BY FAR the Easiest Way to Buy Bitcoin (With Screenshots)

What the hardest part about getting into Bitcoin? If you’re like most people who are first starting out, you’re probably trying to figure out how to actually buy it, right?

Personally, it took me years from when I first heard of Bitcoin before I actually took the initiative to purchase some myself. Luckily for those who are just starting out in 2017, buying Bitcoin has come a long way from its early days and has become a consumer-friendly product. Not only is it easier to buy, but there are now secure online platforms you can use to make your transfers and storage safer.

Introducing: Coinbase

Today, the easiest way to buy Bitcoin is through Coinbase. All of your digital currency is fully insured if Coinbase suffers a significant breach and all your fiat money is backed by the FDIC. Coinbase is the safest and easiest way to buy Bitcoin, Ethereum, and Litecoin.

How to Sign Up for Coinbase

To sign up for Coinbase, click here. Once you sign up, you start the process of verifying your identity and adding bank account information to transfer funds in and out of the platform. It will take a few days to set up but once you do, you can instantly buy and hodl the crypto of your choice.

Also, Coinbase offers an incentive to get others to sign up. For every $100 someone spends on Coinbase that you recruit, you get $10 of Bitcoin, and they receive $10 of Bitcoin as well. It is a great, simple way to introduce your friends and family to Bitcoin

 

The Drawbacks of Coinbase

Although Coinbase is the easiest way to buy Bitcoin and other cryptocurrencies, it does come with some downsides depending on how much you care. When you hold your Bitcoin on an exchange, you always run the risk of having your account hacked; Coinbase is not responsible for those stolen funds. In addition, you are at the mercy of Coinbase’s decisions and not your own. An example of Coinbase showing their power was in the case of the Bitcoin Cash hard forks. While people holding wallets were able to split their Bitcoin, Coinbase users have to wait until the end of 2017 to receive theirs. It’s these details that take out individual agency that may concern people on how a decentralized product such as Bitcoin is becoming more centralized. There is the simple alternative to this problem.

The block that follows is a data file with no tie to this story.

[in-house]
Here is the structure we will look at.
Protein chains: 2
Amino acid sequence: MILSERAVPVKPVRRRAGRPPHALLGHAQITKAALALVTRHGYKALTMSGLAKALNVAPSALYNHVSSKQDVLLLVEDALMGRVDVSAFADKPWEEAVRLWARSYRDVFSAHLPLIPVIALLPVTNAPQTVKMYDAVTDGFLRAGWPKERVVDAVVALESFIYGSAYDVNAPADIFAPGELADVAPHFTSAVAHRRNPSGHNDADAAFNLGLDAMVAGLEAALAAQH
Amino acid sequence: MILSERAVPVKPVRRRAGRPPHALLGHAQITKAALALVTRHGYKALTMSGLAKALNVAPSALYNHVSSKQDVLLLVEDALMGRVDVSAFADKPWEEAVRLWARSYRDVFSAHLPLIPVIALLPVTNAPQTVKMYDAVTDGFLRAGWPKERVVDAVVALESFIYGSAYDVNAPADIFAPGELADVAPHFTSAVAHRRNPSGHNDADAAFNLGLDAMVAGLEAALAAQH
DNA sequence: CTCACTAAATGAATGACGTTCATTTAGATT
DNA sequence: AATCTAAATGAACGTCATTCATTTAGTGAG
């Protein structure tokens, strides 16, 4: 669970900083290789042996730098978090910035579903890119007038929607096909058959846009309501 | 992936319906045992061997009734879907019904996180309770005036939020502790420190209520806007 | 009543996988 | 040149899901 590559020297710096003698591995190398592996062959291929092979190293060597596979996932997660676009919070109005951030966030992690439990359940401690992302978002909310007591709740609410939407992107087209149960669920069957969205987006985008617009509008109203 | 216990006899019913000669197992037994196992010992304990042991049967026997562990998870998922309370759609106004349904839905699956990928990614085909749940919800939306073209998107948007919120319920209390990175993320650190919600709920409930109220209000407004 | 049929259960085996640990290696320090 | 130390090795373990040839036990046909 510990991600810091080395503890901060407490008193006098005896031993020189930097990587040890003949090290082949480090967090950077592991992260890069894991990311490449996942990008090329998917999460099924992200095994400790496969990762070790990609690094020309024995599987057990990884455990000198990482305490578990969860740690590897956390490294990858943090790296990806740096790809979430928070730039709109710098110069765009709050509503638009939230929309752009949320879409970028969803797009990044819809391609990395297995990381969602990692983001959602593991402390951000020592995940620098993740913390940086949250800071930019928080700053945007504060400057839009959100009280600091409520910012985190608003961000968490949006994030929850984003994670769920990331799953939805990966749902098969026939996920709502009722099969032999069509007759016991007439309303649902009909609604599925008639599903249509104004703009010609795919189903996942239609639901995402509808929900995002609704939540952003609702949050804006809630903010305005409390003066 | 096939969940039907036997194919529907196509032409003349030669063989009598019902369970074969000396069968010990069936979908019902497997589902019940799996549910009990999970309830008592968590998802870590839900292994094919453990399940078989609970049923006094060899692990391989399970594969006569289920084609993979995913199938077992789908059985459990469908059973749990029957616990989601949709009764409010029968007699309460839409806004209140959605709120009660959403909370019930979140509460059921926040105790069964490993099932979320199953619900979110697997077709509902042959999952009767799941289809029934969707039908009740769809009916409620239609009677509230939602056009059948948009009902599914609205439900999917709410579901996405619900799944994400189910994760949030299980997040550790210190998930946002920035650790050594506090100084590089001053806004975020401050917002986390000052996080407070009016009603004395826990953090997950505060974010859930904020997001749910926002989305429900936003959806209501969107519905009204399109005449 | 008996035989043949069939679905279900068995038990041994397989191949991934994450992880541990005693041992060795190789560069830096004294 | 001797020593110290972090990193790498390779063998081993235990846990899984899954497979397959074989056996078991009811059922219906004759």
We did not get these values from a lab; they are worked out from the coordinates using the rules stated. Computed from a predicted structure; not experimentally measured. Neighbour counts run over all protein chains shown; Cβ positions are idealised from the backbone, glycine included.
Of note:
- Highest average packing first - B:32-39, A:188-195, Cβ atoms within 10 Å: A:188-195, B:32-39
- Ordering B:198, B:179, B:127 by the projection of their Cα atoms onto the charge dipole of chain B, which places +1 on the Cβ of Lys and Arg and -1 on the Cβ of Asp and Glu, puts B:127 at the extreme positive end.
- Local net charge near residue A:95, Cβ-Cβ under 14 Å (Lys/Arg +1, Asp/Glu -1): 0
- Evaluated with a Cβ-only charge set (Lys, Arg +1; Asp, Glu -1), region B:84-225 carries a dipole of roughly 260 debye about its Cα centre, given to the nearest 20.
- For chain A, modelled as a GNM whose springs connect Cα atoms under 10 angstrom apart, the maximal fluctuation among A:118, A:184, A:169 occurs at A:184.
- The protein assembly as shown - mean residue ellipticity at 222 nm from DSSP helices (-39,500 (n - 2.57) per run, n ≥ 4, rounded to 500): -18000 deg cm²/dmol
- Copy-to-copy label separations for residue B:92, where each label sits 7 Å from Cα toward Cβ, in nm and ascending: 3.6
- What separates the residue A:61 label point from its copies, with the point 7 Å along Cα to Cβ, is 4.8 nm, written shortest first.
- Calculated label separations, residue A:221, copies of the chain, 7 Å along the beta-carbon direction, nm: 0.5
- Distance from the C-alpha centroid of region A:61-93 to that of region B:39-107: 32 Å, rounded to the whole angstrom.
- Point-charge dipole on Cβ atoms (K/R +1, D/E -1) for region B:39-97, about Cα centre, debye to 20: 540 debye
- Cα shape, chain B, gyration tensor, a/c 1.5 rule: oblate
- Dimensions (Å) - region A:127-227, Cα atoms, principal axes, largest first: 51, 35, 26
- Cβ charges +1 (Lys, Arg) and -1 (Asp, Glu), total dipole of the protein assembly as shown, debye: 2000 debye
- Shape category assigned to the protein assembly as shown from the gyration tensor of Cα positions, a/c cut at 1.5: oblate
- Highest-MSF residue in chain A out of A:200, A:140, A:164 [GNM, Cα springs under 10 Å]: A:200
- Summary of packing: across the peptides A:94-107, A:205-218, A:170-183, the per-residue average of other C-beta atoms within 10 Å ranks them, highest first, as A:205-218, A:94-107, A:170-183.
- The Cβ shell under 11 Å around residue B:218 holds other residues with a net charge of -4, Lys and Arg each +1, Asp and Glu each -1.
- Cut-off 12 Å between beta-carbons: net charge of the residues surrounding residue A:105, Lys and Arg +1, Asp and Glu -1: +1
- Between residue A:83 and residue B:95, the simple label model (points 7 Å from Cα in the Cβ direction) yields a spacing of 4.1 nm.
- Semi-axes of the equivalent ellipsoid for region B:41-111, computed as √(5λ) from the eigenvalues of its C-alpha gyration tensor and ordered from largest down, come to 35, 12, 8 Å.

How to Use a Bitcoin Wallet

When I first wanted to buy Bitcoin, I was in the process of verifying myself on Coinbase. I couldn’t wait, and I knew I didn’t want to risk holding it on an online platform. Instead, I decided to go the Bitcoin ATM route and searched for one near me. I then downloaded a Bitcoin wallet, which is basically an offline place to store your Bitcoin. There are a number of wallets to choose from like Jaxx and Exodus that can store not only Bitcoin but other cryptocurrencies too, but my personal preference is Electrum. It solely stores Bitcoin, but in my opinion is simple to use.

Screenshot of what the Receive tab looks like

When setting up your wallet for the first time, write down your seed phrase and store them somewhere safe. This part is vital because if you forget your password, this is this the only way to retrieve your funds. Once done completing the onboarding process, you get to a screen that will show a complete history of your Bitcoin transactions. Next, click the receive tab and write down the address (or copy the QR code) shown. This address is needed for when you want to receive Bitcoin; your wallet automatically regenerates new addresses once an old one is used.

Once you have your address, get some cash and make your way to the Bitcoin ATM of your choice. Enter your receiving address into the ATM and deposit the cash and voila! It’s that easy. By the time you get home and check your wallet, your Bitcoin will already be there.

 

Conclusion

Purchasing Bitcoin has never been easier, but it does come with its trade-offs. Coinbase is best in terms of ease of access, but you have to give up a few freedoms for it. Although you are in complete control when you have a wallet, there is an element of personal responsibility involved. Even though I think a wallet is better for long-term storage, there is no right or wrong answer on how you want to handle your Bitcoin. Just remember to do your research and do ever what you feel most comfortable with.